By Kim Kavin
Nick Trotter is not a priest, rabbi, minister, judge, or a justice of the peace, even still, the Virginia resident found himself performing a wedding ceremony recently aboard the 142-foot Eurocraft Baron Trenck in the Mediterranean. It wasn’t even part of his official duties as the broker who had arranged the charter through his company, Meridian Yachts. Yet he, along with the yacht’s crew, wanted to do everything possible to give the clients the dream wedding ceremony they wanted.
“We were on the sundeck with flowers everywhere,” Trotter says. “People came to watch, and we did a few traditional things for the couple’s Russian heritage. We had a translator, and I made up a set of vows for them. I’m not even close to licensed to do anything like that, but they never had any intention of it being a legal ceremony. They didn't want the piece of paper from that charter. They wanted the memory of exchanging the vows and having all the people around. It was fun.”
Getting married during a charter yacht vacation can be a proper, legal union, or it can be what Trotter describes: a ceremony for ceremony’s sake. The choice belongs to the couple getting married, and it depends a great deal on how much advance legwork they want to do.
Step one is determining what constitutes a legal marriage in the place where you reside. Different states and different countries have different steps that must be taken for a marriage to be considered legal.
Step two is determining what constitutes a legal marriage in the place where your yacht will be on charter. Again, there are different rules in different places, and you need to be sure that you are following them all.
Step three is combining the rules from both places to ensure that whatever you are planning will meet all the legal standards.
“The actual, legal act of getting married can take place on a yacht, but you have to do your homework, or when you get home, you might find out that you’re not exactly married,” Trotter says. “You have to jump through the hoops for both places. That can be fun, an adventure, a project. You don’t want to wait until the last minute, because there may be requirements about spending a certain period of time in the destination before appearing in a magistrate’s office, things like that.”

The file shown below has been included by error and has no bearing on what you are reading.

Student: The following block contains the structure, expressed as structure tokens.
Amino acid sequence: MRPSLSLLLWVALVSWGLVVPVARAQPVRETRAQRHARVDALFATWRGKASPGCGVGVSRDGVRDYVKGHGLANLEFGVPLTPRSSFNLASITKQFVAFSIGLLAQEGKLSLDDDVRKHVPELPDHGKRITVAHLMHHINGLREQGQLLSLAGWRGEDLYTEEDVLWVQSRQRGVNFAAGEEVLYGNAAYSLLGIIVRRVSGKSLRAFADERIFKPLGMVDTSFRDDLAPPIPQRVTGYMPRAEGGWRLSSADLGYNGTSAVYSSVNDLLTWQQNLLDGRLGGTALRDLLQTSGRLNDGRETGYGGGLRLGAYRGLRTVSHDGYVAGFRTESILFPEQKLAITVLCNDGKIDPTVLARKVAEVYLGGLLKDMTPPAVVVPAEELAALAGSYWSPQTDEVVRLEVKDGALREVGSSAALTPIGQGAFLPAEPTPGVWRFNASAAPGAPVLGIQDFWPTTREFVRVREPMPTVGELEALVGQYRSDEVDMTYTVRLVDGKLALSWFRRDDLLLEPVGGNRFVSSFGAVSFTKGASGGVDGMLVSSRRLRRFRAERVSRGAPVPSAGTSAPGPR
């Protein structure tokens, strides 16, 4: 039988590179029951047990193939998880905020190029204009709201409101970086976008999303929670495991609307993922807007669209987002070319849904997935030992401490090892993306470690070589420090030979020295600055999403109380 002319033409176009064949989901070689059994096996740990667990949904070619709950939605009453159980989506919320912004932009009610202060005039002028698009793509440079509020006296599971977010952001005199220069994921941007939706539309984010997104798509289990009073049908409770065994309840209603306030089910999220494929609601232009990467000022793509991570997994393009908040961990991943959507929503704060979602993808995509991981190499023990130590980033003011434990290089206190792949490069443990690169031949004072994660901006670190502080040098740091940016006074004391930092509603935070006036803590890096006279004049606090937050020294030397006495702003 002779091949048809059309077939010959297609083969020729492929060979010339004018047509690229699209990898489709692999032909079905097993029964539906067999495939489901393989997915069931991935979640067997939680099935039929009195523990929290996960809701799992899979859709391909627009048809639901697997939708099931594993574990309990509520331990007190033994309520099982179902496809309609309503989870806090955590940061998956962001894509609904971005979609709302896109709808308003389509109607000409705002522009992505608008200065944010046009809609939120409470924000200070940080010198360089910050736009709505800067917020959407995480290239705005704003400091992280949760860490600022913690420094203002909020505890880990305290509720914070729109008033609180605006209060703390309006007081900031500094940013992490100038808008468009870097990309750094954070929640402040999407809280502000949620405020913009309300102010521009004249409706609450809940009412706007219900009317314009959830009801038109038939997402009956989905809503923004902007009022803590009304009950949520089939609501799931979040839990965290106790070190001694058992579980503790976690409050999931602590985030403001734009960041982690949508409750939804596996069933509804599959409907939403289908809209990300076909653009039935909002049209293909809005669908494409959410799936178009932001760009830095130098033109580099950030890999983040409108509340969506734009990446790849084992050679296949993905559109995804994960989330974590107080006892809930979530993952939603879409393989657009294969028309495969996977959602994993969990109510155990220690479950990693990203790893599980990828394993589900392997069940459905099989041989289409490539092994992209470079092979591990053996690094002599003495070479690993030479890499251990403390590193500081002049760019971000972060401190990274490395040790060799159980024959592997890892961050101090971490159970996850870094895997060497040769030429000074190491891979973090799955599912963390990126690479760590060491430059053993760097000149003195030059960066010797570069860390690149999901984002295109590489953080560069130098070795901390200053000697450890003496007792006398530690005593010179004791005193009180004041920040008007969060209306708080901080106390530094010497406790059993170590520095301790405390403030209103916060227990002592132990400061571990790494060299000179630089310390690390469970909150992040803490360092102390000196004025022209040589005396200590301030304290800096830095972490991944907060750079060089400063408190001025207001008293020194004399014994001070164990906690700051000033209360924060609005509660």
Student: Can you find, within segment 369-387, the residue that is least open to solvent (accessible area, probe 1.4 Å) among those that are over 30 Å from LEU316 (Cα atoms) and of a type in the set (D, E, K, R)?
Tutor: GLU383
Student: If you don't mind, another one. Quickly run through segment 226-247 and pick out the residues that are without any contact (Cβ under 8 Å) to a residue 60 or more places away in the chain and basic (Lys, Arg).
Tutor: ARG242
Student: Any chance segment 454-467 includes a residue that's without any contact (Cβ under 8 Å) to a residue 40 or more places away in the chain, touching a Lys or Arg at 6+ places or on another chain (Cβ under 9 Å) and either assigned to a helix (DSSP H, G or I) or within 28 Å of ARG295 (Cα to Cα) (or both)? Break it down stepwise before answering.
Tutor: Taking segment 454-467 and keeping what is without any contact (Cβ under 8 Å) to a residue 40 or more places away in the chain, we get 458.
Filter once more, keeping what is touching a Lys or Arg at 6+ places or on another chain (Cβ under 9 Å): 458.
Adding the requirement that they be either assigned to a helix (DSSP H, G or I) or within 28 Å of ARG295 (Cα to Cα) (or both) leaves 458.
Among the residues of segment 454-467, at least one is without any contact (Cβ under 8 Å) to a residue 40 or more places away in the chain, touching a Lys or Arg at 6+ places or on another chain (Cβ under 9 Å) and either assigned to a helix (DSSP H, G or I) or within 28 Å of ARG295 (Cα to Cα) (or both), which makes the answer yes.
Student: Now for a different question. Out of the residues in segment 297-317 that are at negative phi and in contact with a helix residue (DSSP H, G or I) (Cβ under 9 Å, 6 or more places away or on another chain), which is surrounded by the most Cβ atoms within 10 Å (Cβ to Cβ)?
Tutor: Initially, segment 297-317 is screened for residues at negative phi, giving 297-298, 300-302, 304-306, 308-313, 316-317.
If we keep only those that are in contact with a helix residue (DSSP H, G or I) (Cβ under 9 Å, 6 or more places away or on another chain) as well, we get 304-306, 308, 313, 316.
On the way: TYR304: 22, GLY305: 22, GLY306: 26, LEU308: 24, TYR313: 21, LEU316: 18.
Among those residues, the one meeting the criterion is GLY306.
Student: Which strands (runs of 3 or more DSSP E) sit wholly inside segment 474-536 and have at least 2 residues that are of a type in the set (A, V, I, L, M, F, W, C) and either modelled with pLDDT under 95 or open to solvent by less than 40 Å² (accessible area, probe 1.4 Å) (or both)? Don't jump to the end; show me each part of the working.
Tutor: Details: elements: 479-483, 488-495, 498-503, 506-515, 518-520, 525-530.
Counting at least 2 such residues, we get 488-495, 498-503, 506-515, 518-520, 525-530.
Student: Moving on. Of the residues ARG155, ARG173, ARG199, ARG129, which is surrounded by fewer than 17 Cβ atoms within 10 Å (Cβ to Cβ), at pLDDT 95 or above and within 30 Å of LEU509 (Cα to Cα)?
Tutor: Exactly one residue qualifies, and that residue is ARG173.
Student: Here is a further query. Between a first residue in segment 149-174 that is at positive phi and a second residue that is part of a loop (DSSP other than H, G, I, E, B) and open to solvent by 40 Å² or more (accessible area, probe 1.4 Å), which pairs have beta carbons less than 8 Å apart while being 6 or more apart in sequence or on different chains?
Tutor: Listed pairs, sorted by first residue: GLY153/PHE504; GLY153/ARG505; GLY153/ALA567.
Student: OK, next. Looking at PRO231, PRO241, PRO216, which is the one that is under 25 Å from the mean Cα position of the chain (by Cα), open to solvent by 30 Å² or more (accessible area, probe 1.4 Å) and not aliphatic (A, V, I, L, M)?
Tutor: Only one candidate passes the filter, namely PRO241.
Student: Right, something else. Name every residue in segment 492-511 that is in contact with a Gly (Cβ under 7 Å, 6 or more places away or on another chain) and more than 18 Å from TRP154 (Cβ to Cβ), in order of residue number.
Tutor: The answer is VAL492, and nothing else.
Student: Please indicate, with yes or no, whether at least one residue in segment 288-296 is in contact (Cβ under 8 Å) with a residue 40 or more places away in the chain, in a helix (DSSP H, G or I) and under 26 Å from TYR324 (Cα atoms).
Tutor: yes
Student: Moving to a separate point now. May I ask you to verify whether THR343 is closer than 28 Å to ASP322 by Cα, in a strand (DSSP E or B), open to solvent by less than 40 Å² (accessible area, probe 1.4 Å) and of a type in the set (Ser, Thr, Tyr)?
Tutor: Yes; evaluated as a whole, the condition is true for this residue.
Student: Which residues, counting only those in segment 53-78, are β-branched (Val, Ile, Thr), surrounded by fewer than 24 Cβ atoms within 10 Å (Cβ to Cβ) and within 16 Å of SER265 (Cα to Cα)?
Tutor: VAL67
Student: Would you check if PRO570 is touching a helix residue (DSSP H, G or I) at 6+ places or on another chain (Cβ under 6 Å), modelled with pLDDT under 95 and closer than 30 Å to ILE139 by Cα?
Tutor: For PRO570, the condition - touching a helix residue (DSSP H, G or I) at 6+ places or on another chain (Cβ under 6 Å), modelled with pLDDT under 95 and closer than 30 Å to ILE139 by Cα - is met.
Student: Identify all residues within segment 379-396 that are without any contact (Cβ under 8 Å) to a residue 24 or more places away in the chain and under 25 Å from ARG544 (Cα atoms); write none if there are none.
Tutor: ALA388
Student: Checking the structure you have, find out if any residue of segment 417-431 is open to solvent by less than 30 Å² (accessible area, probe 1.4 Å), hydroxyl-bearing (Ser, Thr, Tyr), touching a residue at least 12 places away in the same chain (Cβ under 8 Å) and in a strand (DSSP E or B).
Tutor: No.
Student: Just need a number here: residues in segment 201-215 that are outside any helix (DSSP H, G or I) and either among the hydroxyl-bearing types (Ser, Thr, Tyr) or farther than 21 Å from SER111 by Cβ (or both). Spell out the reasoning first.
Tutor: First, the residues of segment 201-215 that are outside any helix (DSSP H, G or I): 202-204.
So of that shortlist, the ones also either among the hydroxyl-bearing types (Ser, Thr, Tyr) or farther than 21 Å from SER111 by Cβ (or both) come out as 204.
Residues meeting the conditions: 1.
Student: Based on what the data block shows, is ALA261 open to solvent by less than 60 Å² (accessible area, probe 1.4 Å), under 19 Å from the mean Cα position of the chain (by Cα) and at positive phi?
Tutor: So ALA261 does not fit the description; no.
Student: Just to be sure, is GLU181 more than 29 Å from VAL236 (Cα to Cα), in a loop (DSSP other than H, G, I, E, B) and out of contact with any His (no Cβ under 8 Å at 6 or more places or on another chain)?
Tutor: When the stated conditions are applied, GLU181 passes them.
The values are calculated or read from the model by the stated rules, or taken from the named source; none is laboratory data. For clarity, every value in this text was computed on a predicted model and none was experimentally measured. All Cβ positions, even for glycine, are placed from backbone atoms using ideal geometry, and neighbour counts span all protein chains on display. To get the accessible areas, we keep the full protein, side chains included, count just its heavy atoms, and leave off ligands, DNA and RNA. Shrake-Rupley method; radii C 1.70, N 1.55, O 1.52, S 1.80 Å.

Trotter was married in the British Virgin Islands, and he has arranged vacations for clients to get married in the BVI, as well.
“But the ceremony on the yacht is usually about just that: a ceremony,” he says. “Having the ceremony on a yacht is great fun. It’s a great experience. It’s also a great way to pare down the guest list, though the money goes out the other door when you charter the yacht. Hopefully, the broker and crew will be excited about it. If you have the right team helping you, it will be the memory of a lifetime. Some of those chief stewardesses, you’ll have to rein them in, they’ll be so excited to do all the decorations and planning.”
Trotter says that anyone thinking about a yacht charter wedding should first look for a charter broker who is enthusiastic about the event. That broker will seek out a yacht whose captain and crew are also eager to put on a good show, and together, they will all help the client realize their dream wedding.
“If you’re working with people who aren’t as excited about the wedding as you are, then you need a different team,” Trotter says.
Beyond that, he adds, simply decide what you want the experience to be. It can be 100 percent legal, or it can be primarily for your own memories.
“The fun bits, the planning the ceremony, that’s all personal preference,” he says. “You don’t want to squash the fun, but you want to know what you’re getting into. Then the hurdles aren’t negatives. They’re part of the adventure. If you think of it that way, then you’ll have a great time.”
And when you're ready, you can have a Honeymoon Charter too.